I loved Flower. Really, I love any game that allows us to see interactive entertainment from a fresh viewpoint, which is why new experiences like Heavy Rain have a tremendous and memorable impact on me. Therefore, I needed to know more about thatgamecompany’s new project the instant it was announced, and now that E3 is over, I think we’ve got enough to provide you with an exciting preview. However, before pushing forward, I will say that Journey is destined to cater to a certain type of gamer; someone who appreciates originality and artistic achievement and realizes that explosions and flashy graphics aren’t required elements of the industry. You can probably tell from the screenshots that much of this game’s appeal will lie in the mystery and unique atmosphere. In the end, Jenova Chen and Co. want us to remember what it’s like to be small and humble; what it’s like have respect and awe for the world.
Interestingly enough, the idea for Journey came from a conversation Chen had with an astronaut. The latter individual explained that anyone who actually landed on the moon returns to earth with a new outlook on life, regardless of their religious orientation. It’s all in the perspective, obviously, and this concept is what thatgamecompany wants to create. In the game, you wake up without knowing who, where or even when you are; you’re in the midst of an expansive, seemingly endless, desert, and the only point of interest is a massive mountain that looms on the horizon. If this doesn’t make you feel small, nothing will. Now, it seems as if the meat of the gameplay will take place online and it sort of reminds me of how From Software dealt with online connectivity in Demon’s Souls. Essentially, as you embark on your long hike, you will encounter other people at random times and if that happens, you are presented with new options.
Do you travel with them? Simply trade information and move on your way? It’s up to you. In this way, thatgamecompany isn’t even sure if the game will work in an offline setting, although you supposedly can play it all by yourself. The controls are as straightforward as can be: the left analog predictably handles movement, one button will allow you to jump, and another lets you call or sing. The latter is designed to communicate with other players and as a bit of a twist (although not so much if you played Flower), the Sixaxis tilt controls are used to look around. As for your environment…well, there’s a lot of sand, if you hadn’t noticed. But it should look quite good and if you’re feeling creative, you can even draw in the sand; perhaps this means we could leave messages ala Demon’s Souls, too…? Sand will even collect into huge waves of sorts that you can actually ride, and you’ll spot sand-falls as well.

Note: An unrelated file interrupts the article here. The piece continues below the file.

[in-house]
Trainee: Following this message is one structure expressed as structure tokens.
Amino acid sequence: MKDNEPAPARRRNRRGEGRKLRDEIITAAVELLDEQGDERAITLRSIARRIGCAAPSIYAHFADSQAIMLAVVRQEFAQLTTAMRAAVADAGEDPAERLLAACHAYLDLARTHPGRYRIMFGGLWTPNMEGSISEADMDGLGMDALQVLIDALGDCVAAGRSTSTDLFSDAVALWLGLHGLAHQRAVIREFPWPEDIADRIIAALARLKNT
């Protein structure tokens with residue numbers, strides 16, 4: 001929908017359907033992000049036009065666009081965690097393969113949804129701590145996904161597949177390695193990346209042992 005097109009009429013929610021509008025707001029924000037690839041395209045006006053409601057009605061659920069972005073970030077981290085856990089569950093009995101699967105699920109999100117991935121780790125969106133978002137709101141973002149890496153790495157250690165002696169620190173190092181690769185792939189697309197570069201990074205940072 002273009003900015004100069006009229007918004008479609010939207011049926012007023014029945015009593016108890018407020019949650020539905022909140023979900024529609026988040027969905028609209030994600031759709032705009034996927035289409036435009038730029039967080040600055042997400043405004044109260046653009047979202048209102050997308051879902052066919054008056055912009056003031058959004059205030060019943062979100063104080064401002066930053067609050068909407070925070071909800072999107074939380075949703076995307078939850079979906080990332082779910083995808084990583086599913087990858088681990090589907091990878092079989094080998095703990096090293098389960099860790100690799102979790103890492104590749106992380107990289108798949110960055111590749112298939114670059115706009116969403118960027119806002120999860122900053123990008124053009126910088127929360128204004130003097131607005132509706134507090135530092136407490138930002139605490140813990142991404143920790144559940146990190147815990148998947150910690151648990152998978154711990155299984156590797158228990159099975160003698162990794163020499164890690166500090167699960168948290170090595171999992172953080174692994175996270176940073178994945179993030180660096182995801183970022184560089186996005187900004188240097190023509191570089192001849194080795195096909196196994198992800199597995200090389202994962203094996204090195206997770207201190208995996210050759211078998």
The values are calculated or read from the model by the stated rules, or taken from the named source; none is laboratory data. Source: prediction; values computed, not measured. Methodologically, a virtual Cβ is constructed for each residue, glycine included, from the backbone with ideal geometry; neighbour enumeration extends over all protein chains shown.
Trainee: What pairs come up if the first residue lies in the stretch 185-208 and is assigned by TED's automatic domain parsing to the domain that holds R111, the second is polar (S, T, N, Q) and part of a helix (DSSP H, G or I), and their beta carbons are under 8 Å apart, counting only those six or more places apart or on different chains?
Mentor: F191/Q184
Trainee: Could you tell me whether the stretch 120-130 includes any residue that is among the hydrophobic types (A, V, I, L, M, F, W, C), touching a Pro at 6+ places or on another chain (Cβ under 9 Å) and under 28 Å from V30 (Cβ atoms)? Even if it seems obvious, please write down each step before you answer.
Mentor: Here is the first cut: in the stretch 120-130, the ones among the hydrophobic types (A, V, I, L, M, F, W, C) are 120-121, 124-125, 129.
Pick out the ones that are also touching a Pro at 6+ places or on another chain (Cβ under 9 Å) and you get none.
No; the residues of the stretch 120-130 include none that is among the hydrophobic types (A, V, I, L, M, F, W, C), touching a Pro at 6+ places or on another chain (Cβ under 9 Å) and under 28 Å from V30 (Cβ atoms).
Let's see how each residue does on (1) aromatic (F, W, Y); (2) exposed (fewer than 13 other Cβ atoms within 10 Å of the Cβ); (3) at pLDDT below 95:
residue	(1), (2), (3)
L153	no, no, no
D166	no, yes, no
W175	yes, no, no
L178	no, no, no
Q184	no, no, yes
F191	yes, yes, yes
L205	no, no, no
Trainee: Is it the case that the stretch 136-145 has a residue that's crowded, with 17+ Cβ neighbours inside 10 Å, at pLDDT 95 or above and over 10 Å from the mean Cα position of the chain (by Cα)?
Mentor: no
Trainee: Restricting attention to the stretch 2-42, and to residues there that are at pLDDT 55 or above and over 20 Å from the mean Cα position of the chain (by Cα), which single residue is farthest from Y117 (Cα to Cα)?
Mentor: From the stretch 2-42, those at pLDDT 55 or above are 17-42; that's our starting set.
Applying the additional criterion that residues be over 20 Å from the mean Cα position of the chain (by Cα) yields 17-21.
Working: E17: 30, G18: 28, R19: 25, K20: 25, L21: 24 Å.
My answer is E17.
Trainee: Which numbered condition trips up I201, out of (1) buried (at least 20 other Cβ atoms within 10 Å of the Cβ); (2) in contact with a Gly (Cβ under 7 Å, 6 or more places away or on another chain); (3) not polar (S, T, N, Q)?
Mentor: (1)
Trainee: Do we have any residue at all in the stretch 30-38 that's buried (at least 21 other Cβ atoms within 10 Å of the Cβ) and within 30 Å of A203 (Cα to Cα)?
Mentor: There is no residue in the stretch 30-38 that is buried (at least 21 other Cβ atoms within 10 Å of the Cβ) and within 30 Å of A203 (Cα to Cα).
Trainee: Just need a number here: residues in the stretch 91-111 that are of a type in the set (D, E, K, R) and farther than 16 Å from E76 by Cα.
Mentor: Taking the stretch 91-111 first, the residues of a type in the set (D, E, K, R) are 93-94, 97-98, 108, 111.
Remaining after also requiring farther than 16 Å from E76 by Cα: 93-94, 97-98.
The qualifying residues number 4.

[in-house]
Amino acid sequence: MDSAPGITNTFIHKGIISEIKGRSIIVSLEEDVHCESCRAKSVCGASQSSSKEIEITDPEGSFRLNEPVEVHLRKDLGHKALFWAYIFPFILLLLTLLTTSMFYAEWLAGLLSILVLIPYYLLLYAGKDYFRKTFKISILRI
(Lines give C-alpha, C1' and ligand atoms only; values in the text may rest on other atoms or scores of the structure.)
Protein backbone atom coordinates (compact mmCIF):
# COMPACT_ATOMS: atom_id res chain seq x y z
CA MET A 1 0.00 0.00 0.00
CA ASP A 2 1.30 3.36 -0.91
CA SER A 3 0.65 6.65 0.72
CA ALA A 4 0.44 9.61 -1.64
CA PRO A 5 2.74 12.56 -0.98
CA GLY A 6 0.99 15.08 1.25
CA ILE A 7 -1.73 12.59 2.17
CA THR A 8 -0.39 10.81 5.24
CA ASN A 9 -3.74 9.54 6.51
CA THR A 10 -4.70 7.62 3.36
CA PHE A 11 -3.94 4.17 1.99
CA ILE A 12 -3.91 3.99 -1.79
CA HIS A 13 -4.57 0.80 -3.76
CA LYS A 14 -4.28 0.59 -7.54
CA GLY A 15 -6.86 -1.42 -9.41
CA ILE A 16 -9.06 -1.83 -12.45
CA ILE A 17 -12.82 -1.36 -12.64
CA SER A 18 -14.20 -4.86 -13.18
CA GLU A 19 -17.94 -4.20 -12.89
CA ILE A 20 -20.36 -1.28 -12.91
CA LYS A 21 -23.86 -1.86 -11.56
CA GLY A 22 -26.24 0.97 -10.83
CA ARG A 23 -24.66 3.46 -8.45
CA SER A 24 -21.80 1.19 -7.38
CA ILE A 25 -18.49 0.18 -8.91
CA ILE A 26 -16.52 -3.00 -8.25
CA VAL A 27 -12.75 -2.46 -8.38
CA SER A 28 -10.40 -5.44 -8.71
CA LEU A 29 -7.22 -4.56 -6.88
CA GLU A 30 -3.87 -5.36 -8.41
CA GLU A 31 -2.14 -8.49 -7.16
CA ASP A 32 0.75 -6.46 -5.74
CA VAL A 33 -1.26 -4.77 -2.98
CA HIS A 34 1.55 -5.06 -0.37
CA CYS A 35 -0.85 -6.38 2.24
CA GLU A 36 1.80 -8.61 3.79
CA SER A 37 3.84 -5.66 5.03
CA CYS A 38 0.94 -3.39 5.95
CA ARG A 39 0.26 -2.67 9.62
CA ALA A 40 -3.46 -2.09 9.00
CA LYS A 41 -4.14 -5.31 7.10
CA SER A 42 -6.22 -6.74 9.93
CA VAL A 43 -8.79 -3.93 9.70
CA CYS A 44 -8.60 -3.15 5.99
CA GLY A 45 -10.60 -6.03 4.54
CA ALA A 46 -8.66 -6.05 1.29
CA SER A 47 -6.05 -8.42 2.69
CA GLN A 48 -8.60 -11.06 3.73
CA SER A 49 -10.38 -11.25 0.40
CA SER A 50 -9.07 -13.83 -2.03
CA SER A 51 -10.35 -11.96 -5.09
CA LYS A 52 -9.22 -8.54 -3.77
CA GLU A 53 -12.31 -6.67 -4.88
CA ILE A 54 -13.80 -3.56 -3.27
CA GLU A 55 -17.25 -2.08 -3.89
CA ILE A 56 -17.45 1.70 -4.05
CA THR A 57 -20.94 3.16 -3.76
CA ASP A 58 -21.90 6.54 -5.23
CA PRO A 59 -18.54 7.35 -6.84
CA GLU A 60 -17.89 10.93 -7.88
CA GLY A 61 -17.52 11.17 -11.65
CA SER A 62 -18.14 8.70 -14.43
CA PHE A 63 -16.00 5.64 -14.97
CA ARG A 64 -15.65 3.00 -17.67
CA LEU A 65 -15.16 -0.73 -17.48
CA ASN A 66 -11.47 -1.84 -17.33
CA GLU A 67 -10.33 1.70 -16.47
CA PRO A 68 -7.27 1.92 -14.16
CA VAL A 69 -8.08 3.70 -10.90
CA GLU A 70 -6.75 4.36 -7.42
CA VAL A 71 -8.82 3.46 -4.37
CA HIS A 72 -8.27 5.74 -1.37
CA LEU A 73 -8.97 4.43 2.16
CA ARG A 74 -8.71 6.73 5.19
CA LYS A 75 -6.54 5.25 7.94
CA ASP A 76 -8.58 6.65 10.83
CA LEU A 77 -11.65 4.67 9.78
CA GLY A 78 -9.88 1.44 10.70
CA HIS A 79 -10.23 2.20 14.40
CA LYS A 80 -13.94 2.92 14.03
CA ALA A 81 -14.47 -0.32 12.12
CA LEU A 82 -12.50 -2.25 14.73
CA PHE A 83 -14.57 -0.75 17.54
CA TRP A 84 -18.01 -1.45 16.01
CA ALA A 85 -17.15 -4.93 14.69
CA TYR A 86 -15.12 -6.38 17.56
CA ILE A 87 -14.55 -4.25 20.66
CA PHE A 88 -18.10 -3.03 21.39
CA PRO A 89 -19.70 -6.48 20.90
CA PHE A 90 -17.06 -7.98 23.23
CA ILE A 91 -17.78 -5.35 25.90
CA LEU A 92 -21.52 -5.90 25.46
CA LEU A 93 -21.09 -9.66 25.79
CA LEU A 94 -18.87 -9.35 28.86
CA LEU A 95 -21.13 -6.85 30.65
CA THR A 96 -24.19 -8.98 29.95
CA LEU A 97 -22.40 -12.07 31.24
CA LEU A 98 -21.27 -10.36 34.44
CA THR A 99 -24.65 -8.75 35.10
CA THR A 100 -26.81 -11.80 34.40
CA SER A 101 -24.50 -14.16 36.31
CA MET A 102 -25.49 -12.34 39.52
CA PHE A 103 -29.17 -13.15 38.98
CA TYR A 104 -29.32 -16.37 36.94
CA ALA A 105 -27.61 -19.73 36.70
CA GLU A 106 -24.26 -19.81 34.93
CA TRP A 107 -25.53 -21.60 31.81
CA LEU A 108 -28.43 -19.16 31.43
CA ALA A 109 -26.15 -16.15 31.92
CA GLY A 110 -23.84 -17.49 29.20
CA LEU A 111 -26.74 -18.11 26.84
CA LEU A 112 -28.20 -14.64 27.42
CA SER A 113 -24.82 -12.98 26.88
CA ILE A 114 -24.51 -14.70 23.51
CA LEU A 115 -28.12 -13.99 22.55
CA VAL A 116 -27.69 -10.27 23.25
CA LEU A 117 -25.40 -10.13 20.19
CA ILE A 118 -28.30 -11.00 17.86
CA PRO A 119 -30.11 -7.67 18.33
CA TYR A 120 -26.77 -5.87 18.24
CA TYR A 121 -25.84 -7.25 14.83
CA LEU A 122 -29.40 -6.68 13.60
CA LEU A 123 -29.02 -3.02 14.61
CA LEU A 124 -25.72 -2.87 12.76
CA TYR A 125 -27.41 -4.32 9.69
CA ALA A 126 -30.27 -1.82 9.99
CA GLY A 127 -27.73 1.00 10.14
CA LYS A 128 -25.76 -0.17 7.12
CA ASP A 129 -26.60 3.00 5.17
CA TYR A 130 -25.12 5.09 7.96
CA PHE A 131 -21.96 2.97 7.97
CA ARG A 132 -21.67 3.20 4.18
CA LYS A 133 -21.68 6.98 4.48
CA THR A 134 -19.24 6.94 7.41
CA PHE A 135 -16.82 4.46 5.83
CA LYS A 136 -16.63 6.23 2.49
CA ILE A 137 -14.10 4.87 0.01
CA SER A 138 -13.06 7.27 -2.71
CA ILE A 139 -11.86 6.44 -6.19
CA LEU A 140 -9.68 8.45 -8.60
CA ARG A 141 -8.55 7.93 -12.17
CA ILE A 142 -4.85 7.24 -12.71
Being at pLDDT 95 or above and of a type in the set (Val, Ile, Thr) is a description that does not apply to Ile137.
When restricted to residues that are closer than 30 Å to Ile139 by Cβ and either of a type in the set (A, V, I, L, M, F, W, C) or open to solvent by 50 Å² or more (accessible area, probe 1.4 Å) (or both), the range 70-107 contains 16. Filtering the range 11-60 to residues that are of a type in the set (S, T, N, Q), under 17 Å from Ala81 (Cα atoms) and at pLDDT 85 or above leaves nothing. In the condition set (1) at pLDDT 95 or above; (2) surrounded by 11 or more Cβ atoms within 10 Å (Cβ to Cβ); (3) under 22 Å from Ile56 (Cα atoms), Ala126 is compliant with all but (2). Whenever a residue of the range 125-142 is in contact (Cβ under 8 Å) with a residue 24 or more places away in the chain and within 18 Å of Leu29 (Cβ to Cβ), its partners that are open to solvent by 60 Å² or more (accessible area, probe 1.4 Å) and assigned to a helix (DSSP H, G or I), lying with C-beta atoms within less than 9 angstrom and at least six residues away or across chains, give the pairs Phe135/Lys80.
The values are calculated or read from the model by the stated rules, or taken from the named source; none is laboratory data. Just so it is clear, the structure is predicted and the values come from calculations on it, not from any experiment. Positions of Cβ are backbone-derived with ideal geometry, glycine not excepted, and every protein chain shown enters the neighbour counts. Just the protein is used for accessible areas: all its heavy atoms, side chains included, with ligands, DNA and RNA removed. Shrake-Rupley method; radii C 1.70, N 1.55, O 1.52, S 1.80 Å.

But there’s one last aspect of the movement and gameplay: they’re currently working on a small flying mechanic. Your robe is always blowing in the winds that crisscross the desert and every now and then, you’ll stumble across scraps of cloth that can be used to fly short distances. Bigger pieces of cloth can actually be “harmonized” to assist you; i.e, a long piece of cloth will stretch out rigidly to act as a bridge after being harmonized. Not surprisingly, getting to that aforementioned mountain will take a bit of persistence and ingenuity, as multiple obstacles lie in your path. Here’s where some puzzle-solving comes in, and it sounds awfully interesting when combined with the “flying” or “harmonizing.” Yes, it may be easier to bypass certain hurdles with the aid of another adventurer, but there’s one thing to remember: voice chat will not be allowed. thatgamecompany wants the entire experience to remain anonymous; you must communicate with others as best you can without straightforward talking.
At this point, you might be thinking, “what if a ton of people are online at once? Won’t the whole desert be loaded with players, thereby messing up the feel of vastness and emptiness?” The answer to that is “no,” because according to what the designers told IGN, even if a million people are involved in the game, the world won’t feel crowded at all. Furthermore, you’ll only encounter one other individual at a given time, so it won’t be like PlayStation Home in the desert. But there are other potential problems the developers are currently looking into: for instance, as everyone is part of the same world, what if all the puzzles are solved before you get there, making your trek extra easy? That’s just one example of the issues that face this ambitious project. Lastly, when you finally reach that mountain, your adventure probably won’t end…in other words, there’s every chance you won’t see everything there is to see during that first hike.
Journey sounds like another unbelievably unique experience and we can’t wait. The industry needs more stuff like this.
6/22/2010 Ben Dutka